Rev. Alban Butler (1711–73). Volume V: May. The Lives of the Saints. 1866.
Date of birth unknown; d. 794; King of the East Angles, was, according to the "Speculum Historiale" of Richard of Cirencester (d. about 1401), the son of King Ethelred and Leofrana, a lady of Mercia. Brought up in piety, he was a man of singular humility. Urged to marry, he declared his preference for a life of celibacy, but at length consented to woo Altrida (Alfrida), daughter of Offa, King of the Mercians. Leofrana foreboded evil and tried to dissuade Ethelbert; but in spite of an earthquake, an eclipse of the sun, and a warning vision, he proceeded from Bury St. Edmunds to Villa Australis, where Offa resided. On his arrival Altrida expressed her admiration for Ethelbert, declaring that Offa ought to accept him as suzerain. Cynethryth, the queen-mother, urged by hatred of Ethelbert, so poisoned Offa's mind against him, that he accepted the offer of a certain Grimbert to murder their guest. Ethelbert, having come for an interview with Offa, was bound and beheaded by Grimbert. The body was buried ignominiously, but, revealing itself by a heavenly light, was translated to the cathedral at Hereford, where many miracles attested Ethelbert's sanctity. The head was enshrined at Westminster Abbey.
The "Chronicon" of John Brompton (fl. 1437) adds a few particulars: the body with the head was first buried on the banks of the Lugg. On the third night the saint commanded one Brithfrid, a nobleman, to convey his relics to Stratus-way. During the journey the head fell out of the cart and healed a man who had been blind for eleven years. Finally the body was entombed at Fernley, the present Hereford. According to Brompton, Altrida became a recluse at Croyland. Offa repented of his sin (Matthew of Paris represents Offa as ignorant of the plot till after Ethelbert's murder), gave much land to the martyr, "which the church of Hereford holds to the present day", founded St. Albans and other monasteries, and made his historic pilgrimage to Rome.
St. Ethelbert figures largely in the Missal, Breviary, and Hymnal of the Use of Hereford. His feast is on 20 May. Thirteen English churches, besides Hereford cathedral, are dedicated in honour of Ethelbert; and one of the gateways of Norwich cathedral bears his name.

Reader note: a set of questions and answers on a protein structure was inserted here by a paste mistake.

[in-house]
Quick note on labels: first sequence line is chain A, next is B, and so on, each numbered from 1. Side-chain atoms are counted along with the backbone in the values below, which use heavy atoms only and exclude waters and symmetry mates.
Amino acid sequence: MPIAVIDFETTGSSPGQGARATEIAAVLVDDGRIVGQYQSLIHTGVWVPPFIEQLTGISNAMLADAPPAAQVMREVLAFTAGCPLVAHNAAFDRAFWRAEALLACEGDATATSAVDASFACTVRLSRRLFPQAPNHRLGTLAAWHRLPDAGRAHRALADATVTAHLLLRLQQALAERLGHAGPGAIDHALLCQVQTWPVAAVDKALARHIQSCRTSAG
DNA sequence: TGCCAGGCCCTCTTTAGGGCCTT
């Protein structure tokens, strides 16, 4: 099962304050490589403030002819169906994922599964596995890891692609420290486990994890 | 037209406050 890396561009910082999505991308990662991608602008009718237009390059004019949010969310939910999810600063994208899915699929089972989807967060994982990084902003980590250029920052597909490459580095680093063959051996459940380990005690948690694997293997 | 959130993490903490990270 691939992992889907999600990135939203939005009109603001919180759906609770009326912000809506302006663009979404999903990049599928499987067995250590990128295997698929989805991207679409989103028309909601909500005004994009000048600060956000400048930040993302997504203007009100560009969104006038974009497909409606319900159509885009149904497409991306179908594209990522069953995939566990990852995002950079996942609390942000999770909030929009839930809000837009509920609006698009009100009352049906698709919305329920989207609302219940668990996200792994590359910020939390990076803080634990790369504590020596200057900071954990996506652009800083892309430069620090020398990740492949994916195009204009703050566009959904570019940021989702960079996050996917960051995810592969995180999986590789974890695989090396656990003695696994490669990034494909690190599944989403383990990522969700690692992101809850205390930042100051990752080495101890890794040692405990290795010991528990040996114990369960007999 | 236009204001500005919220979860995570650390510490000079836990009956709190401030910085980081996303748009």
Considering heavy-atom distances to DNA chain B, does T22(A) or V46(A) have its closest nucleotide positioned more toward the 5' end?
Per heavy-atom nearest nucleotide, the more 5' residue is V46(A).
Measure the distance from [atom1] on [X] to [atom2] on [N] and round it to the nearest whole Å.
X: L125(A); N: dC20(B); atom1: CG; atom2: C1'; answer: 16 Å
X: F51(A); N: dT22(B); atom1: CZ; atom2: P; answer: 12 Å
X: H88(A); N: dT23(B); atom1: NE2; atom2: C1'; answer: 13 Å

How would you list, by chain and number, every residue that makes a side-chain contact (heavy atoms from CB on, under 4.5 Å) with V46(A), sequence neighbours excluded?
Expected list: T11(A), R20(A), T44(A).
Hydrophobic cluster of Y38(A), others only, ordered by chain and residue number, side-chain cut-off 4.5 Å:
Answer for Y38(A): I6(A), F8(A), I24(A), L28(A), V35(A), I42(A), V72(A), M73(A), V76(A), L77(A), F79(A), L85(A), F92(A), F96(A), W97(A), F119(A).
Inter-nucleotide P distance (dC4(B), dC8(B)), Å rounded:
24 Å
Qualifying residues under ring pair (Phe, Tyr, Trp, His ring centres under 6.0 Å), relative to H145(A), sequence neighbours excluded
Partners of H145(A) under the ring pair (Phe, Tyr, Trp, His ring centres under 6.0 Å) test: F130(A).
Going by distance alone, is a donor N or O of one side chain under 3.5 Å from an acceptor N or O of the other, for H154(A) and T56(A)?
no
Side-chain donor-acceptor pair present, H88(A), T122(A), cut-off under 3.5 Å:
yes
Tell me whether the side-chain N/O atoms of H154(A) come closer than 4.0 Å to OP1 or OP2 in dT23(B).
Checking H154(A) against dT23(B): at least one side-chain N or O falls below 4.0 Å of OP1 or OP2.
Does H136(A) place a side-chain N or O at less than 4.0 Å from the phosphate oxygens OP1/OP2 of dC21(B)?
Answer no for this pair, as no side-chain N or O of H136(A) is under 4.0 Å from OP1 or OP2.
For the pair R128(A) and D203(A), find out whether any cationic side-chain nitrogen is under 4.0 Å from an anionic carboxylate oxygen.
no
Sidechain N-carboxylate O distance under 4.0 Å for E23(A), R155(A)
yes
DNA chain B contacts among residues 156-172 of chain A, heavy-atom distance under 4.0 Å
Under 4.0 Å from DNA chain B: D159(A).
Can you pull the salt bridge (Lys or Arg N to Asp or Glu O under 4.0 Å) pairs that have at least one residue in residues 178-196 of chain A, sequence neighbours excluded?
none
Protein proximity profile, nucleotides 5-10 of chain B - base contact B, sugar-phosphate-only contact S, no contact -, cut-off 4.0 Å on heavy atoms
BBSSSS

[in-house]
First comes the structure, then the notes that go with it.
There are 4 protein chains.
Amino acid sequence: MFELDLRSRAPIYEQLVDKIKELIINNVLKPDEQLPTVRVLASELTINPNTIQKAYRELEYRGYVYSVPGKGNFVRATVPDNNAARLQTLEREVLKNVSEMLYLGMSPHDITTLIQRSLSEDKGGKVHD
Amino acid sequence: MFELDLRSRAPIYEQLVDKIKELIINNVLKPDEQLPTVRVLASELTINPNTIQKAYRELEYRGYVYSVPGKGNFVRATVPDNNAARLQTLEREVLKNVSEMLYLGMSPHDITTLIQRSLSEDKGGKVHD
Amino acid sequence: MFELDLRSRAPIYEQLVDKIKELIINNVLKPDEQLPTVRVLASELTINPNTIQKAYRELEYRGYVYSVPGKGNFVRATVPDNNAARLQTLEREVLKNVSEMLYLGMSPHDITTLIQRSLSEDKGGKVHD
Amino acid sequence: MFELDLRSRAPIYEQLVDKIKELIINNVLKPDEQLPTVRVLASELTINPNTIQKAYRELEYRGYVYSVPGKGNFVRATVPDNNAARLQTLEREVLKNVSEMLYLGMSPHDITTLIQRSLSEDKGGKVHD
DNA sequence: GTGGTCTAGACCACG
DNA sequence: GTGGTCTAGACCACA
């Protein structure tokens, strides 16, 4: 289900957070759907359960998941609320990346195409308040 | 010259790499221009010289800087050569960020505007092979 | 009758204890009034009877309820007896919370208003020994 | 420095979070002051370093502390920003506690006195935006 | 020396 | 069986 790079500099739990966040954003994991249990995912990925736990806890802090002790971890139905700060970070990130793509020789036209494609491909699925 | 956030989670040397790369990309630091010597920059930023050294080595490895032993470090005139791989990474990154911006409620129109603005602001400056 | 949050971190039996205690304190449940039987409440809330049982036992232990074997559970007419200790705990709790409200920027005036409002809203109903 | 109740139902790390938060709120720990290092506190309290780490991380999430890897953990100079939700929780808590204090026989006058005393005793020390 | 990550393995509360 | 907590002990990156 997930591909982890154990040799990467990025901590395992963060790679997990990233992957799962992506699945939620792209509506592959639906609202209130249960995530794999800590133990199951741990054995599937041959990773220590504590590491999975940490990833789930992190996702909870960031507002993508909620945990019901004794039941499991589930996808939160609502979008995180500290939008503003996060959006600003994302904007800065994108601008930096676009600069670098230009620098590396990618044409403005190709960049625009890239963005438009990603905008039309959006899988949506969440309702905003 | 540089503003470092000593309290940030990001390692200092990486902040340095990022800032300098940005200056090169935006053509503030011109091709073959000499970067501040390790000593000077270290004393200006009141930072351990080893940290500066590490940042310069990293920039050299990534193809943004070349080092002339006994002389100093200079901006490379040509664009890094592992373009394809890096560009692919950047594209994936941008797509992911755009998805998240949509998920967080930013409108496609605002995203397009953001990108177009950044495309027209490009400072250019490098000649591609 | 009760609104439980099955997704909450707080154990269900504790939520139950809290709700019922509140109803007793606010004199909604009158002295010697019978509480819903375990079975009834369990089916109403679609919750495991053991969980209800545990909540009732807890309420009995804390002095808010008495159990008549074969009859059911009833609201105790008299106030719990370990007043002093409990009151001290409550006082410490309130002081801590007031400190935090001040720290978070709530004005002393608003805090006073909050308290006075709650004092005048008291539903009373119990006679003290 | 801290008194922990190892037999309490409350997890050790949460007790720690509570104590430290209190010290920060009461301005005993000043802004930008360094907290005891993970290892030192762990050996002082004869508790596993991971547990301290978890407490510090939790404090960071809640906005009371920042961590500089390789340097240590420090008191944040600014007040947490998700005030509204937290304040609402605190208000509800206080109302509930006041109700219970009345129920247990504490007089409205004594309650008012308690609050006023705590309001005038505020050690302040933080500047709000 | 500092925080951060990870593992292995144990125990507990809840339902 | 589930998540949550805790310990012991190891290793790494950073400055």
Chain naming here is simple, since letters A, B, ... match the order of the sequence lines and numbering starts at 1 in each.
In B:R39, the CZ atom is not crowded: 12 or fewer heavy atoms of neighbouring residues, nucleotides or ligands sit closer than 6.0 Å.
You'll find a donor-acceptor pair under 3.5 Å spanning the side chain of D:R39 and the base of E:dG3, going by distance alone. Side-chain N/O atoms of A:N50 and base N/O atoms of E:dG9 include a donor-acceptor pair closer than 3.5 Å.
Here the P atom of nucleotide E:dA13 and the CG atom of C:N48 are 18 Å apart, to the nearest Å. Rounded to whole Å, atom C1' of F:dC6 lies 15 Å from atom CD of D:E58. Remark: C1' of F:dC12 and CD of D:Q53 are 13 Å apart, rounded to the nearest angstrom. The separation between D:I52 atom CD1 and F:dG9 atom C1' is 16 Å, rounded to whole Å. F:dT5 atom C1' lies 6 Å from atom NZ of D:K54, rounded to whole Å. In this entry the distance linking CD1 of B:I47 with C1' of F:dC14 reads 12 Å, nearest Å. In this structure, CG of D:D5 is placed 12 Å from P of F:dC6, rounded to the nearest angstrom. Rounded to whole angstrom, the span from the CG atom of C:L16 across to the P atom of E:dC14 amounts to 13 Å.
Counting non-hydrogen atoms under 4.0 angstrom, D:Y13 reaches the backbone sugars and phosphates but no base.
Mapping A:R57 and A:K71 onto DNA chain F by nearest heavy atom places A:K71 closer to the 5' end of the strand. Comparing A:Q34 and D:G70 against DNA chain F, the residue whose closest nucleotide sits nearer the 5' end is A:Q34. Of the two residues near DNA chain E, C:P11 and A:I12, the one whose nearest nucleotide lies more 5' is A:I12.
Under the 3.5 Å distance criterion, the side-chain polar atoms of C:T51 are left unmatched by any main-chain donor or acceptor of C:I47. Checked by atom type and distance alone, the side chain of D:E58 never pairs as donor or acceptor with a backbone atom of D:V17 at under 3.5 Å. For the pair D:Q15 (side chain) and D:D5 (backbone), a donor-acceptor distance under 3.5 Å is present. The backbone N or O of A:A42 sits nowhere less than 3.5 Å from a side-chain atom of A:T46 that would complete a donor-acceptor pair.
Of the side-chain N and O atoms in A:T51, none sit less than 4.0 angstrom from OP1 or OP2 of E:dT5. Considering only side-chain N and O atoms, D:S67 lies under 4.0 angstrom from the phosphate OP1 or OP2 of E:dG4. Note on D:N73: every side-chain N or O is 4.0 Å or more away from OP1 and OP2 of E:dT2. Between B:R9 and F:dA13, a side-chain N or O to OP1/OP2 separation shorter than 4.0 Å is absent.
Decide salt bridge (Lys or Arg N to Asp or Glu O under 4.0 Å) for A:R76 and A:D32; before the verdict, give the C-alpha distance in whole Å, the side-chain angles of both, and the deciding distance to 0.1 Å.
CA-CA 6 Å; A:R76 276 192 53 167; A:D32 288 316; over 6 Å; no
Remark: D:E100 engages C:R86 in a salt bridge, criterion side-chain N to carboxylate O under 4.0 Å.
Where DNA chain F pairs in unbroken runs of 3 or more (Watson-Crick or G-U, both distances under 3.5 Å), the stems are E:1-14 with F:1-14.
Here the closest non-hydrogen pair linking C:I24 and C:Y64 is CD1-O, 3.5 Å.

Anglo-Saxon Chronicle, sub anno 792; RICHARD OF CIRENCESTER, Speculum Historiale, in R. S., I, 262 sqq; Chronicle of BROMPTON, in TWYSDEN, 748 sqq; Acta SS., May, V, 271; Bibl. Hag. Lat., 394; BREWER, Opera Girald. Cambren., III, 407, V, pp. xlv and 407; WHARTON, Anglia Sacra, II, p. xxii; HARDY, Catalogue of Materials, I, 495; STUBBS in Dict. Of Christian Biography, II, 215; CHEVALIER, Répertoire, I, 1365; HUNT in Dict. Nat. Biog., XVIII, 17; STANTLON, Menology.
Ryan, Patrick W.F. "St. Ethelbert." The Catholic Encyclopedia. Vol. 5. New York: Robert Appleton Company, 1909. 20 May 2015 <http://www.newadvent.org/cathen/05553a.htm>.
Son of Ethelred, King of the East Angles, and Leofrana. A pious youth, he would have preferred religious life, but was in line for the throne. King of East Anglia for 44 years. He would have preferred to remain celibate, but agreed to seek the hand of Althryda (Alfrida) daughter of Offa, King of the Mercians in order to continue a stable line to the crown. There were a number of supernatural indications that it was a bad choice, but Ethelbert went anyway. Due to court intrigues, Ethelbert was murdered by a man named Grimbert at the instigation of his father-in-law, Offa of Mercia. Often listed as a martyr.
- murdered in 793 at Villa Australis, Mercia, England
- his body was buried like trash, but a heavenly light identified it, and it was eventually relocated
- buried at Maurdine near the Lugg River in Mercia
- remains relocated to Stratus-way
- remains relocated to Fernley (modern Hereford, England)
- remains relocated to Hereford Cathedral
- during one of the moves the head fell off the body, fell of the cart it was being carried in, touched a pedestrian who had been blind for eleven years, and cured him
- head enshrined at Westminster Abbey